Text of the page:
Step Ups

The ability to go up and down steps will almost always be needed.  Losing this ability is a sure sign that one’s quality of life and independence are quickly fading.  Step Ups can be done in a variety of different directions and loaded a number of ways making them easily progressed or regressed based on goals and fitness level.  Step Ups improve balance and strength in the glutes, quads, and hamstrings.  Depending how you load, they can also challenge the core and shoulders.  The average step in the United States is 7 inches tall.  Strive to work up to a 14 inch box so that no flight of stairs will ever intimidate you.

Here Coach Katie demonstrates two different versions we like to use and the benefits of each along with some progressions.  Watch the video and give it a try: https://youtu.be/iGXtKyGlKMg.

1) Anterior Step up (Progression: Anterior Step Up with Racked Kettlebell hold)

2) Lateral Step Up (Progression: Lateral Step Up with one side loaded)

-Jeff Tirrell, CSCS, Pn1

 

Movement You Should Master

Weighted Carries

Modern medicine is keeping us alive longer, so now we need to put some effort into staying lively longer.  Mastering specific movements will improve our quality of life and help us stay independent and injury-free. I have come up with several exercises you can use to make yourself stronger, more durable, and develop a healthier, more functional body.  An exercise that I have found to be efficient and effective is a Weighted Carry.

Weighted Carries

Very few things are more functional than a carry.  You’d be hard pressed to get through daily life without having to carry something at least a few times per week.  While basic, a carry is an efficient and effective full body exercise.  Depending on the carry you choose, the load is virtually limitless.  Performed for time or distance, carries will always improve gait and core stability.  Depending on which version you use, they can also be an effective tool for improving shoulder mobility/stability, grip strength, balance, and overall awesomeness.  Watch the video and give it try: https://youtu.be/PaP4-IlVAOA

Coach Chad demonstrates my top four carry picks:

1) Farmers Walk (gait, core stability, grip strength, upper back, legs)

2) Suitcase Carry (gait, core anti-lateral flexion, grip, upper back, balance)

3) Waiters Carry (gait, core stability, shoulder stability, balance)

4) Double Waiters Carry (gait, core stability, shoulder mobility, shoulder stability, balance)

-Jeff Tirrell, CSCS, Pn1

 

Better Tests With More Movement

I attended an overcrowded grade school.  From 1st through 8th grade, we had 40 or more children in a classroom.  One Felician sister kept order by keeping everyone seated and stationary.  During my grade school education, I was stuck in a chair and every day it felt like time had stood still.  When a school day came to an end, the children were so movement deprived they would literally sprint out the doors.  I believe this illustrates the psychological impact of depriving children of movement during the day.

I know we have to be concerned with standardized test scores, and that taking time for physical activity takes away from reading, math, and science.  A long litany of research is revealing that children score better on tests when they are able to move around more.  More movement creates a healthier brain and better test scores.  More of the brain is devoted to movement than language, and if we wish to fully develop intellectual capacity, we need to include movement.  This appears to be even more important for boys.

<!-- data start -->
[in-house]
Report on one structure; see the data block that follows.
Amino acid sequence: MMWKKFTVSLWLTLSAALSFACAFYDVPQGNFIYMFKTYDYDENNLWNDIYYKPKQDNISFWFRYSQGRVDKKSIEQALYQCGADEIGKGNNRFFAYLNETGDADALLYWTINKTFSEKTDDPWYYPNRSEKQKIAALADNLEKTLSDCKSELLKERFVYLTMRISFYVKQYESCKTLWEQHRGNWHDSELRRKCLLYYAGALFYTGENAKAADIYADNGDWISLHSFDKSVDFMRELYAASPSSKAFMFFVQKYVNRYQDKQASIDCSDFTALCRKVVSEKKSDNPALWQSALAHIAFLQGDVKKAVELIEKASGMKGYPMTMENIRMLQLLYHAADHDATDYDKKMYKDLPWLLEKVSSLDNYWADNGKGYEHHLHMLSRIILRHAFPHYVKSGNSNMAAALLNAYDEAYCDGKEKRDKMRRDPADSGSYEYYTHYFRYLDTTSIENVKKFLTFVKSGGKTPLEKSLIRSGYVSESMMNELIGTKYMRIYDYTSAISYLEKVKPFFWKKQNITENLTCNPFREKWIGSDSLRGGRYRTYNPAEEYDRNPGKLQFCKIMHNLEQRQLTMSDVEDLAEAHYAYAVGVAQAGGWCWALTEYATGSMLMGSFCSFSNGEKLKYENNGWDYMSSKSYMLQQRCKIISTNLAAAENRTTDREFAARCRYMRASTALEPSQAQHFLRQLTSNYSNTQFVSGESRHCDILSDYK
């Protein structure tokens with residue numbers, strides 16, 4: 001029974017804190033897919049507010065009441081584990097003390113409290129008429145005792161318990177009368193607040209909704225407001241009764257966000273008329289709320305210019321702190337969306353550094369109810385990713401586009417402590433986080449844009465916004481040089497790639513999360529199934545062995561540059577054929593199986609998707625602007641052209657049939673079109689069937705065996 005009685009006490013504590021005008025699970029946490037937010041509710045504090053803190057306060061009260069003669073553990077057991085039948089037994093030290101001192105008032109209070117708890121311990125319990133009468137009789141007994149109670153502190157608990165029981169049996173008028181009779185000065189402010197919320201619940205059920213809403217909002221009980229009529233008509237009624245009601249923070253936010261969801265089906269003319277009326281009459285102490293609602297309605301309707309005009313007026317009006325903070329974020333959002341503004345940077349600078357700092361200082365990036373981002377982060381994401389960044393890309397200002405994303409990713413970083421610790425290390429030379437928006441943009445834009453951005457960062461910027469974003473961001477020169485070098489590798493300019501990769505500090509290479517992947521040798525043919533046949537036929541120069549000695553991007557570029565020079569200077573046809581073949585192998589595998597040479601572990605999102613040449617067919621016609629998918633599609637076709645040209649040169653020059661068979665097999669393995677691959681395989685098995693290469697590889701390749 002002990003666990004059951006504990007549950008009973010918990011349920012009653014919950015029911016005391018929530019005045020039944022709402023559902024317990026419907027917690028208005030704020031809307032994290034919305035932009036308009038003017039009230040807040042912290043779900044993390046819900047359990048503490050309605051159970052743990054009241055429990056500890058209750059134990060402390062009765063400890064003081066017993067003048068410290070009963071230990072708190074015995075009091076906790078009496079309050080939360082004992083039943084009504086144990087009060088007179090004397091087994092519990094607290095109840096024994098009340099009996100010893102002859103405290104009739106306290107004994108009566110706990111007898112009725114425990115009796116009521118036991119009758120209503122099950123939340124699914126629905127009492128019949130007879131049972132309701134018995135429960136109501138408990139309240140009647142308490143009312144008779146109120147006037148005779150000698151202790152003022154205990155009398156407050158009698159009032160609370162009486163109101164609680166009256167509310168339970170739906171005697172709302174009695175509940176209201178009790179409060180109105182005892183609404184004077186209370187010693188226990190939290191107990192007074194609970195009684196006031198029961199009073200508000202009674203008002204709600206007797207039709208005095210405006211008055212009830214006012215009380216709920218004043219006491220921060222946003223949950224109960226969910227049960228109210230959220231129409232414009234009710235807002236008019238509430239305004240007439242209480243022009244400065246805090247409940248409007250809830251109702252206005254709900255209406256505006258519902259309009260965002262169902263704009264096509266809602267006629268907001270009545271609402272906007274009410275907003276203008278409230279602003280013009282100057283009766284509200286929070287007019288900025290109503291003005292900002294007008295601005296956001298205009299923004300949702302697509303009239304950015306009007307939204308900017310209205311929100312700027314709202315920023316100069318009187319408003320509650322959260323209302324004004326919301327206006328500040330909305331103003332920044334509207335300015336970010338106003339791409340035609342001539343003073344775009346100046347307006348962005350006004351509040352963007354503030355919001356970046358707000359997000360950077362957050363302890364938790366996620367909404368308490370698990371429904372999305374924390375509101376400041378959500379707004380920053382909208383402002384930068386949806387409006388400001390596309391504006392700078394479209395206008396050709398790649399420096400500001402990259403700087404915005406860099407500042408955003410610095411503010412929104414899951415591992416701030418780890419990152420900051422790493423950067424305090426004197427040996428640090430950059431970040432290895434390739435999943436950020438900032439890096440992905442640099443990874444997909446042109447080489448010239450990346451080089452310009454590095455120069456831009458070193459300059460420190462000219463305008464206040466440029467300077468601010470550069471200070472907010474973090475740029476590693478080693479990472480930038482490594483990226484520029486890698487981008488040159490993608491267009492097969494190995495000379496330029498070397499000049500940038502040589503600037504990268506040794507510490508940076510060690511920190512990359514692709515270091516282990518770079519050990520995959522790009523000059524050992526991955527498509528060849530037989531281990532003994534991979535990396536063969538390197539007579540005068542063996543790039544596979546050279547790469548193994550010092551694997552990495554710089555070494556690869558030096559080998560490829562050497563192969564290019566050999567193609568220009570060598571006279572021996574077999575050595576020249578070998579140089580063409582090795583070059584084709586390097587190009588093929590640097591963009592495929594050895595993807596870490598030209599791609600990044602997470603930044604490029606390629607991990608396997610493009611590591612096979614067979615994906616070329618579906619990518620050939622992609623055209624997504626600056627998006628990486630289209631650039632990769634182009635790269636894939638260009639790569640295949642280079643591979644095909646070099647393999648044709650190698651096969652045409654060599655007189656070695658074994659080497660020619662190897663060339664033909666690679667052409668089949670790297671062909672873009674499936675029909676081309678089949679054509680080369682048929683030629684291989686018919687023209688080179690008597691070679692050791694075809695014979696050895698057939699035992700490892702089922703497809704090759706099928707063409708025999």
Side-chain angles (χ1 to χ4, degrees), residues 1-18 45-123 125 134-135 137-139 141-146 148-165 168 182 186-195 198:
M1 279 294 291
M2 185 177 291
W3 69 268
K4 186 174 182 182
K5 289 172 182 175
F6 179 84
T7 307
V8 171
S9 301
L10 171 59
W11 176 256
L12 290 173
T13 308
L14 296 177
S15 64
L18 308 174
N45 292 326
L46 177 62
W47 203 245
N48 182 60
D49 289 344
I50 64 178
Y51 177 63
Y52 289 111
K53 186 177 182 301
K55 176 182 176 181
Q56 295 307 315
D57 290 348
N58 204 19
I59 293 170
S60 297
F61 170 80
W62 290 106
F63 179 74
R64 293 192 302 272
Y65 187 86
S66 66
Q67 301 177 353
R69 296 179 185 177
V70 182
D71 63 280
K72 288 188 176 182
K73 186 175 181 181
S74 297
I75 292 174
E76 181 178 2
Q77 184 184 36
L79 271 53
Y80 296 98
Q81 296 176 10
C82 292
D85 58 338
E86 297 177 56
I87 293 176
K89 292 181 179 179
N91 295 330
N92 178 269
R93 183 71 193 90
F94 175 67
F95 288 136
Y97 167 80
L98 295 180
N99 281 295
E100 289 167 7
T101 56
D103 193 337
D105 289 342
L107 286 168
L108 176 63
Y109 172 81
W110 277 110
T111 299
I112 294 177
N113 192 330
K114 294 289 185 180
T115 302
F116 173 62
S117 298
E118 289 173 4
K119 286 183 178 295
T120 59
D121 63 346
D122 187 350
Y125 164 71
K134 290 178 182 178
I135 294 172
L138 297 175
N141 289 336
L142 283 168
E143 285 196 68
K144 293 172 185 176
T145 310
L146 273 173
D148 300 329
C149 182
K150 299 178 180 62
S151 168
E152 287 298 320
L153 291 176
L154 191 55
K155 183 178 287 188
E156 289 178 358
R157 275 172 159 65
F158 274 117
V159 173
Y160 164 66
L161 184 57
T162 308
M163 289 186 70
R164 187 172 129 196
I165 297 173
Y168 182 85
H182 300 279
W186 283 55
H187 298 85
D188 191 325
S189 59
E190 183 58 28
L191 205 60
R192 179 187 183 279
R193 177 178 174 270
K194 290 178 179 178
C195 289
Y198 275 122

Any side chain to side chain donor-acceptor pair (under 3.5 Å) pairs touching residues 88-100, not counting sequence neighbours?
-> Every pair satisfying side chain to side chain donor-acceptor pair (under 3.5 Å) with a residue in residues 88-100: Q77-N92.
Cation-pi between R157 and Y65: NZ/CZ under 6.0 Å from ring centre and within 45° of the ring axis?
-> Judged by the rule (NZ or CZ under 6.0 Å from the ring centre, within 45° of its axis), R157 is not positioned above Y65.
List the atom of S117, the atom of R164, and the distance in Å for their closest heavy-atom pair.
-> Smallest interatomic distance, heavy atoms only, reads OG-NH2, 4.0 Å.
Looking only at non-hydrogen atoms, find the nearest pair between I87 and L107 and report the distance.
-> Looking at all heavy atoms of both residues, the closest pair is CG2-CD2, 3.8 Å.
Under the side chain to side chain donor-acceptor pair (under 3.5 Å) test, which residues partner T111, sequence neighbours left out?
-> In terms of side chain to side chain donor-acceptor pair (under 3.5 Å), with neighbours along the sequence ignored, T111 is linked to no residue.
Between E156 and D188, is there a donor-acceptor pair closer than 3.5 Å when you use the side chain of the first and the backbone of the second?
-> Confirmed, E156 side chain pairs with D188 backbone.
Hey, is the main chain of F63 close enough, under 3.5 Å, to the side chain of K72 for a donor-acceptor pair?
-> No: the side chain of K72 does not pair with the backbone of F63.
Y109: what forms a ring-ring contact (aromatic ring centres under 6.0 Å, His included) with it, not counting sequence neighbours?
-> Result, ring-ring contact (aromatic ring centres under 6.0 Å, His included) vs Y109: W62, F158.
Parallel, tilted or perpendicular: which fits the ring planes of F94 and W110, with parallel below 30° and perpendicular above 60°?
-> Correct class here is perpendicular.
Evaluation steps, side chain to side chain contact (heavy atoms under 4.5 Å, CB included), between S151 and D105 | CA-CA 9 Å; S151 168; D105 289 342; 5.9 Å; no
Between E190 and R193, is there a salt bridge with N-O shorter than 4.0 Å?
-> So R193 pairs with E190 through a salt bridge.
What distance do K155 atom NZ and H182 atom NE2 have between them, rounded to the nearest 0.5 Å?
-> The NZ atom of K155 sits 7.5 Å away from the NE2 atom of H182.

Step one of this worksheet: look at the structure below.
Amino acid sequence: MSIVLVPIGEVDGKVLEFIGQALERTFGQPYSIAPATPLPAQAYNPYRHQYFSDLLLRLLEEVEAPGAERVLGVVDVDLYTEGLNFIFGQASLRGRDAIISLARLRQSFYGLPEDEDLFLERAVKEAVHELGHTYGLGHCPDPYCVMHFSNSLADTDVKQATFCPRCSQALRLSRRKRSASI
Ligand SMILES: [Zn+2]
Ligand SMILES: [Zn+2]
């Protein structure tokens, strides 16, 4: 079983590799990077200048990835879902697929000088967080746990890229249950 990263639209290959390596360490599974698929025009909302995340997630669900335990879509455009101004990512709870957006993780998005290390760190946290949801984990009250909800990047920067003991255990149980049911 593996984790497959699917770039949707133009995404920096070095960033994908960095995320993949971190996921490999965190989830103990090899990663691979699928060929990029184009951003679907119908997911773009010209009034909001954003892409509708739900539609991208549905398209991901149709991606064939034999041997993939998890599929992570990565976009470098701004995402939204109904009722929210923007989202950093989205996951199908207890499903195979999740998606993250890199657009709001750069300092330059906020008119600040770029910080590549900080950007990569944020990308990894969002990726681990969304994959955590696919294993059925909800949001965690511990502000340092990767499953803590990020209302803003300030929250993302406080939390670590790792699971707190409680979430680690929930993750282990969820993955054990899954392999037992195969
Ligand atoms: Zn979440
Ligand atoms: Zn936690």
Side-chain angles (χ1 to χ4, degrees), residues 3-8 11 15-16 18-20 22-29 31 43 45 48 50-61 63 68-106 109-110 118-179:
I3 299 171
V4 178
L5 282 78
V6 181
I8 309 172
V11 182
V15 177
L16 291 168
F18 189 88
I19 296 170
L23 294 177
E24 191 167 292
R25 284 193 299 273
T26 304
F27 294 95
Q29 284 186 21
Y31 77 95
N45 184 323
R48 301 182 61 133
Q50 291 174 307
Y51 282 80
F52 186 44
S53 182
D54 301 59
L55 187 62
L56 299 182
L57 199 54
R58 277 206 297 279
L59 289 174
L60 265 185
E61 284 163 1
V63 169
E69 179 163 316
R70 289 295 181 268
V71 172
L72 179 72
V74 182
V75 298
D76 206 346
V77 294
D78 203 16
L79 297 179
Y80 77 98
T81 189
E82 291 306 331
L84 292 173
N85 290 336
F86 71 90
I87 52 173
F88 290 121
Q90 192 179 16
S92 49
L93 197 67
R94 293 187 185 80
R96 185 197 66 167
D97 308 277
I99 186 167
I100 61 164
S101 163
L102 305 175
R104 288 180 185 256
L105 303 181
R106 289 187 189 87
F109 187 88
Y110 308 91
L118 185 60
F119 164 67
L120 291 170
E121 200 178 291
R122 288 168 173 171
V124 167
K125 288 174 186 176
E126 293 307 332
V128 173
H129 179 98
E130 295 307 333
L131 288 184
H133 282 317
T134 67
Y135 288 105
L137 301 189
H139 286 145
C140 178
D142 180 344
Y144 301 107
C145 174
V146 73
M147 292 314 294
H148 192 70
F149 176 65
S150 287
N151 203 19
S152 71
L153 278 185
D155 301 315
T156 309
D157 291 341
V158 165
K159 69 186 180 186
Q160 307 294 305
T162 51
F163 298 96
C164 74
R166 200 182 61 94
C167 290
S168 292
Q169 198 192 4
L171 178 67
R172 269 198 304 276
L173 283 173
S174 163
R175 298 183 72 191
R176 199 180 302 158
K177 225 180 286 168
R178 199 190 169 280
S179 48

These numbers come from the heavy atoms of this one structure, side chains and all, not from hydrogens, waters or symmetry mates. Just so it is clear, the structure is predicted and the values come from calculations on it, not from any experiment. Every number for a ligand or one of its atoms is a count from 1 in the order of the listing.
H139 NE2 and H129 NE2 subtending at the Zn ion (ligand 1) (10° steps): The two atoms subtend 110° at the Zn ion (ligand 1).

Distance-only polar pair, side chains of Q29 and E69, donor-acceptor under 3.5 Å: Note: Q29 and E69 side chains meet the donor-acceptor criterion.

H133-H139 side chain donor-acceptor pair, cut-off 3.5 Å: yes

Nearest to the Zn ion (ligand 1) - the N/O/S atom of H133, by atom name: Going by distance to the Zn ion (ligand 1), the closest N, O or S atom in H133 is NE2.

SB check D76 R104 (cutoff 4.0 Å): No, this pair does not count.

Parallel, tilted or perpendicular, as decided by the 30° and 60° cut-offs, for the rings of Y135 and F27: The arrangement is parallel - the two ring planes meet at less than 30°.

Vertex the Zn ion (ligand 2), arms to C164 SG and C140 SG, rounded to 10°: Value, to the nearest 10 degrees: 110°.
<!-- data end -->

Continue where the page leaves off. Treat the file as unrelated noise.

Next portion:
Everyone involved in improving education needs to read Spark, by Dr John Ratey.  In this book, he discusses how brain function is enhanced by the habit of exercise.  Over the last nine years, more research has documented the positive effects of exercise on brain health.  A teacher friend sent me this *article from the New York Times.  If you have grandchildren or children you need to read this.

Micheal S. O’Hara, PT, OCS, CSCS

* Why Kids Shouldn’t Sit Still in Class, Donna De La Cruz, New York Times, March 21, 2017.  Read the article here: https://www.nytimes.com/2017/03/21/well/family/why-kids-shouldnt-sit-still-in-class.html?_r=0

Movement You Should Master

Pull Ups

Modern medicine is keeping us alive longer, so now we need to put some effort into staying lively longer.  Mastering specific movements will improve our quality of life and help us stay independent and injury-free. I have come up with several exercises you can use to make yourself stronger, more durable, and develop a healthier, more functional body.  An exercise that helps build upper body strength and maintain shoulder mobility is the Pull Up.

Pull Ups

If you are a superhero and find yourself hanging off the edge of a cliff or a building, you’ll need to pull yourself up.  All kidding aside, the pull up is a fantastic exercise to build strength in the lats, biceps, rhomboids, and rear delts, while helping to maintain shoulder mobility.  Pull ups can be done with a variety of grips.  The most important thing is to use a full range of motion and maintain control (avoiding excessive movement to reduce injury risk).  I utilize one of three pull up versions with most clients depending on their fitness level.  Watch the video and give it a try.